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research-article

Transferring Design Strategies From Human To Computer And Across Design Problems

[+] Author and Article Information
Ayush Raina

Mechanical Engineering 5000 Forbes Ave Pittsburgh, PA 15213 araina@andrew.cmu.edu

Jonathan Cagan

Department of Mechanical Engineering Scaife Hall Pittsburgh, PA 15213 cagan@cmu.edu

Christopher McComb

The Pennsylvania State University 213U Hammond Building State College, PA 16802 uum209@psu.edu

1Corresponding author.

Contributed by the Design Theory and Methodology Committee of ASME for publication in the Journal of Mechanical Design. Manuscript received March 16, 2019; final manuscript received July 5, 2019; published online xx xx, xxxx. Assoc. Editor: Ying Liu.

ASME doi:10.1115/1.4044258 History: Received March 16, 2019; Accepted July 06, 2019

Abstract

Solving any design problem involves planning and strategizing, where intermediate processes are identified and then sequenced. This is an abstract skill that designers learn over time and then use across similar problems. However, this transfer of strategies in design has not been effectively modeled or leveraged within computational agents. This note presents an approach to represent design strategies using a probabilistic model. The model provides a mechanism to generate new designs based on certain design strategies while solving configuration design task in a sequential manner. This work also demonstrates that this probabilistic representation can be used to transfer strategies from human designers to computational design agents in a way that is general and useful. This transfer-driven approach opens up the possibility of identifying high-performing behavior in human designers and using it to guide computational design agents. Finally, a quintessential behavior of transfer learning is illustrated by agents as transferring design strategies across different problems led to an improvement in agent performance. The work presented in this study leverages the CISAT framework, an agent-based model that has been shown to mimic human problem-solving in configuration design problems.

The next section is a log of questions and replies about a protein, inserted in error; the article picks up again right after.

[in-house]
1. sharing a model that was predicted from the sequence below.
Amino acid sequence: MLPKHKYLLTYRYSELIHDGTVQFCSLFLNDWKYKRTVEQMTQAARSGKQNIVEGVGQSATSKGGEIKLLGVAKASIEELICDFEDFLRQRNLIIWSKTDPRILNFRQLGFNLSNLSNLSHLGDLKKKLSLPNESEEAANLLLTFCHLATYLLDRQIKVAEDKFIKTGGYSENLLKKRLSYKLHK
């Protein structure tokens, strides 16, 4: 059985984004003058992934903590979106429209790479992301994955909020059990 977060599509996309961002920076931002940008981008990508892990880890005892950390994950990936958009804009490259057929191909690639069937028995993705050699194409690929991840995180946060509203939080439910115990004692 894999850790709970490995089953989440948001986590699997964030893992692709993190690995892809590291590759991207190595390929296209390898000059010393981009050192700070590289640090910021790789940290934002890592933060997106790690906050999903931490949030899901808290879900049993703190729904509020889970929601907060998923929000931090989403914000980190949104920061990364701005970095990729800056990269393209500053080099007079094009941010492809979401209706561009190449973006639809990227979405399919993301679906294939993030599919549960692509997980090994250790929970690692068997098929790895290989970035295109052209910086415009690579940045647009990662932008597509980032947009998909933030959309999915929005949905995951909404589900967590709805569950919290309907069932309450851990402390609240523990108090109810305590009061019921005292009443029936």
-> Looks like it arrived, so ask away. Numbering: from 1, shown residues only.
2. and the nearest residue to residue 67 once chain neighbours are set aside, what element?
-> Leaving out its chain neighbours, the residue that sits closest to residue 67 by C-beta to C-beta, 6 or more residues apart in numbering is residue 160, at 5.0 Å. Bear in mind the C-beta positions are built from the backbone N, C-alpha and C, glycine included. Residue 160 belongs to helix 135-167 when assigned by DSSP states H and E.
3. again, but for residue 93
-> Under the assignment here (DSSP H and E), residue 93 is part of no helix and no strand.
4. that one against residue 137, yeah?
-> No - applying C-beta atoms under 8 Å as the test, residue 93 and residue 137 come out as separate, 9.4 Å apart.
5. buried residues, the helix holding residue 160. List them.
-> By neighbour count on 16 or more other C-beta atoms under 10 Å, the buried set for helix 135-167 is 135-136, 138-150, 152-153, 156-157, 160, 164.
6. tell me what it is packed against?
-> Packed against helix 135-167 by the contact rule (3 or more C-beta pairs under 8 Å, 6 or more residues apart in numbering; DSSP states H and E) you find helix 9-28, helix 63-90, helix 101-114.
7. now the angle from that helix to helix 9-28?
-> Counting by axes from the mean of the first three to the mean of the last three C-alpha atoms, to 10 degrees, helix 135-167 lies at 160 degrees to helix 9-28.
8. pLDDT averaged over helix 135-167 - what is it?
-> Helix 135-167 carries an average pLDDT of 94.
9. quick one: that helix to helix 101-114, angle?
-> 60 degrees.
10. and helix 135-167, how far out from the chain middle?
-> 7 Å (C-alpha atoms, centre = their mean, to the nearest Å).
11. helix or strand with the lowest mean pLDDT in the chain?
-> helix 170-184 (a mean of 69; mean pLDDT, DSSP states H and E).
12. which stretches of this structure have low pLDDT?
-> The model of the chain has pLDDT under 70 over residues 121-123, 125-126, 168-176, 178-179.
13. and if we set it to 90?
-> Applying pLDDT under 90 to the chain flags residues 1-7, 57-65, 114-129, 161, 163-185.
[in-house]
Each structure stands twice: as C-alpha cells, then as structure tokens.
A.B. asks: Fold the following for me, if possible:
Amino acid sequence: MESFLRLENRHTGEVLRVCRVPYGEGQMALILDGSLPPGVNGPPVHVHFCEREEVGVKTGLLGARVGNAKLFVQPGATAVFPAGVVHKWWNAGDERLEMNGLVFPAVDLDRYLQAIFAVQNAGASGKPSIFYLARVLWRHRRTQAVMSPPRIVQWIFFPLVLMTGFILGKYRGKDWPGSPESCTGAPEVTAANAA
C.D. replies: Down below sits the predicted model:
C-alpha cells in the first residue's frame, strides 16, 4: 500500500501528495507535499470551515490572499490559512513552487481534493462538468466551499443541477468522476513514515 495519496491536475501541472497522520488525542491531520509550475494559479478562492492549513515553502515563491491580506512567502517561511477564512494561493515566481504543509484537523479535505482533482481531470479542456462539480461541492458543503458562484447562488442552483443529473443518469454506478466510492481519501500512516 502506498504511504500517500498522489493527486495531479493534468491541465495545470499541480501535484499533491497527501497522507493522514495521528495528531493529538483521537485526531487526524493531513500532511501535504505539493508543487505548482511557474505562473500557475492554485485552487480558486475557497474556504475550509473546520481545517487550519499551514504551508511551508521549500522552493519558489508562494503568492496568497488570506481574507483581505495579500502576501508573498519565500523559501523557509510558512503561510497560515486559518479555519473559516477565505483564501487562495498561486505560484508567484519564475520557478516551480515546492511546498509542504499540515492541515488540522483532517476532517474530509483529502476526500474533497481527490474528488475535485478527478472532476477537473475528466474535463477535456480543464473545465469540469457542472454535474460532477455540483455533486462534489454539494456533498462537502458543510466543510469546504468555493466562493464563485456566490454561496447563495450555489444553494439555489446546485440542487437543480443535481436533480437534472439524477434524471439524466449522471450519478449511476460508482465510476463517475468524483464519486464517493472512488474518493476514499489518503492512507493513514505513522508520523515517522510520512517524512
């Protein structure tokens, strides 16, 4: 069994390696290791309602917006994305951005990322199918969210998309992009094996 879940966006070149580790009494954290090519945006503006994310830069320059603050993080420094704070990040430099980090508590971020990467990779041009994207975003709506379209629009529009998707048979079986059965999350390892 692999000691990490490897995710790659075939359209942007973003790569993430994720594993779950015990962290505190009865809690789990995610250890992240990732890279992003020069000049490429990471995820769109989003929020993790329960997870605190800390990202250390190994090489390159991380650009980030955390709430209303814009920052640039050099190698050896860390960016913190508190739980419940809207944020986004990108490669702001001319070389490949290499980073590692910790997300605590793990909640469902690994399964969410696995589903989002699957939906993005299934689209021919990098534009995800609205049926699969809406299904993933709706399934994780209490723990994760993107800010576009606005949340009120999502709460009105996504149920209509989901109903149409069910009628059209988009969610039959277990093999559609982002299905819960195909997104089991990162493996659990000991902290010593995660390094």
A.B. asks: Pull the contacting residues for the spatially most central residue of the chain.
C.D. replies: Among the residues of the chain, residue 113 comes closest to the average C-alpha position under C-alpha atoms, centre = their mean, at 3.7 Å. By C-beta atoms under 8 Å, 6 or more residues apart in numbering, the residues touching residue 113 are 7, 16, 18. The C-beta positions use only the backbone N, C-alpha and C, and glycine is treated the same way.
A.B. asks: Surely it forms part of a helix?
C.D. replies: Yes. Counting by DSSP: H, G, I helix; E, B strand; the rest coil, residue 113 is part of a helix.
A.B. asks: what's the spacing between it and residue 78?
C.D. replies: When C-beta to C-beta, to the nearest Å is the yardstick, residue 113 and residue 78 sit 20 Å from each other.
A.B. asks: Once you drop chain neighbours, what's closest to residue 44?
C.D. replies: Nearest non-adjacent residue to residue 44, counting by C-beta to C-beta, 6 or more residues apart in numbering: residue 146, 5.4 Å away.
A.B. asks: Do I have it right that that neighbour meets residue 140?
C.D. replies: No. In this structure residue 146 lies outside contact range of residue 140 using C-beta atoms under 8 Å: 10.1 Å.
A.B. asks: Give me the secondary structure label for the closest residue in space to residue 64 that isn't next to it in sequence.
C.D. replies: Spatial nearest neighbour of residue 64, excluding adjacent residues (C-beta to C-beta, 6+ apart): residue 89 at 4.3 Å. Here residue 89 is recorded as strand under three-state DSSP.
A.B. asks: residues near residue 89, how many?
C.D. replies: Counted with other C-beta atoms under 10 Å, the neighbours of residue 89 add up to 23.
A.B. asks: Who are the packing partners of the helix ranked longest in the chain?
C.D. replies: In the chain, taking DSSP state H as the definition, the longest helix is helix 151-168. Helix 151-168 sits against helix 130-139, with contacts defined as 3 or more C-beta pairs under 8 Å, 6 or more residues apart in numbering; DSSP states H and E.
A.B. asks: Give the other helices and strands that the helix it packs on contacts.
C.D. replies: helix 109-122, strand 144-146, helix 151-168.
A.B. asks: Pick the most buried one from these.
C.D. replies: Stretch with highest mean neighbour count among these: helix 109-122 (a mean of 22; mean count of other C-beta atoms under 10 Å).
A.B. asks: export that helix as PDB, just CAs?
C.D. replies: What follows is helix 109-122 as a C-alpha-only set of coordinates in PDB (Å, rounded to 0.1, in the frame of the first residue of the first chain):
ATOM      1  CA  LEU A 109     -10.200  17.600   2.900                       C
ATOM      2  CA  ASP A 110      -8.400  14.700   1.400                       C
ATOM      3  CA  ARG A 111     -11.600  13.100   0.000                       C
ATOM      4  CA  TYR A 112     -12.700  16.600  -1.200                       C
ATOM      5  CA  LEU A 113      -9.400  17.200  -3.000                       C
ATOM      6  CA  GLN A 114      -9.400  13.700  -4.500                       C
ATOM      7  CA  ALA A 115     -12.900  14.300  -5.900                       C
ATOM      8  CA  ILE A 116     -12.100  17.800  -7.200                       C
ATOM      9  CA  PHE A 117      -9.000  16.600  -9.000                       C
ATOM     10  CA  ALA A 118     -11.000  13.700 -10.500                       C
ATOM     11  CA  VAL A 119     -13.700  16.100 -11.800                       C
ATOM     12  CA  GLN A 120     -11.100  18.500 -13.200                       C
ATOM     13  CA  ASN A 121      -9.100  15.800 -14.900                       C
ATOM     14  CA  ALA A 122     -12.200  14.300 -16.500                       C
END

Copyright © 2019 by ASME
Topics: Design , Computers
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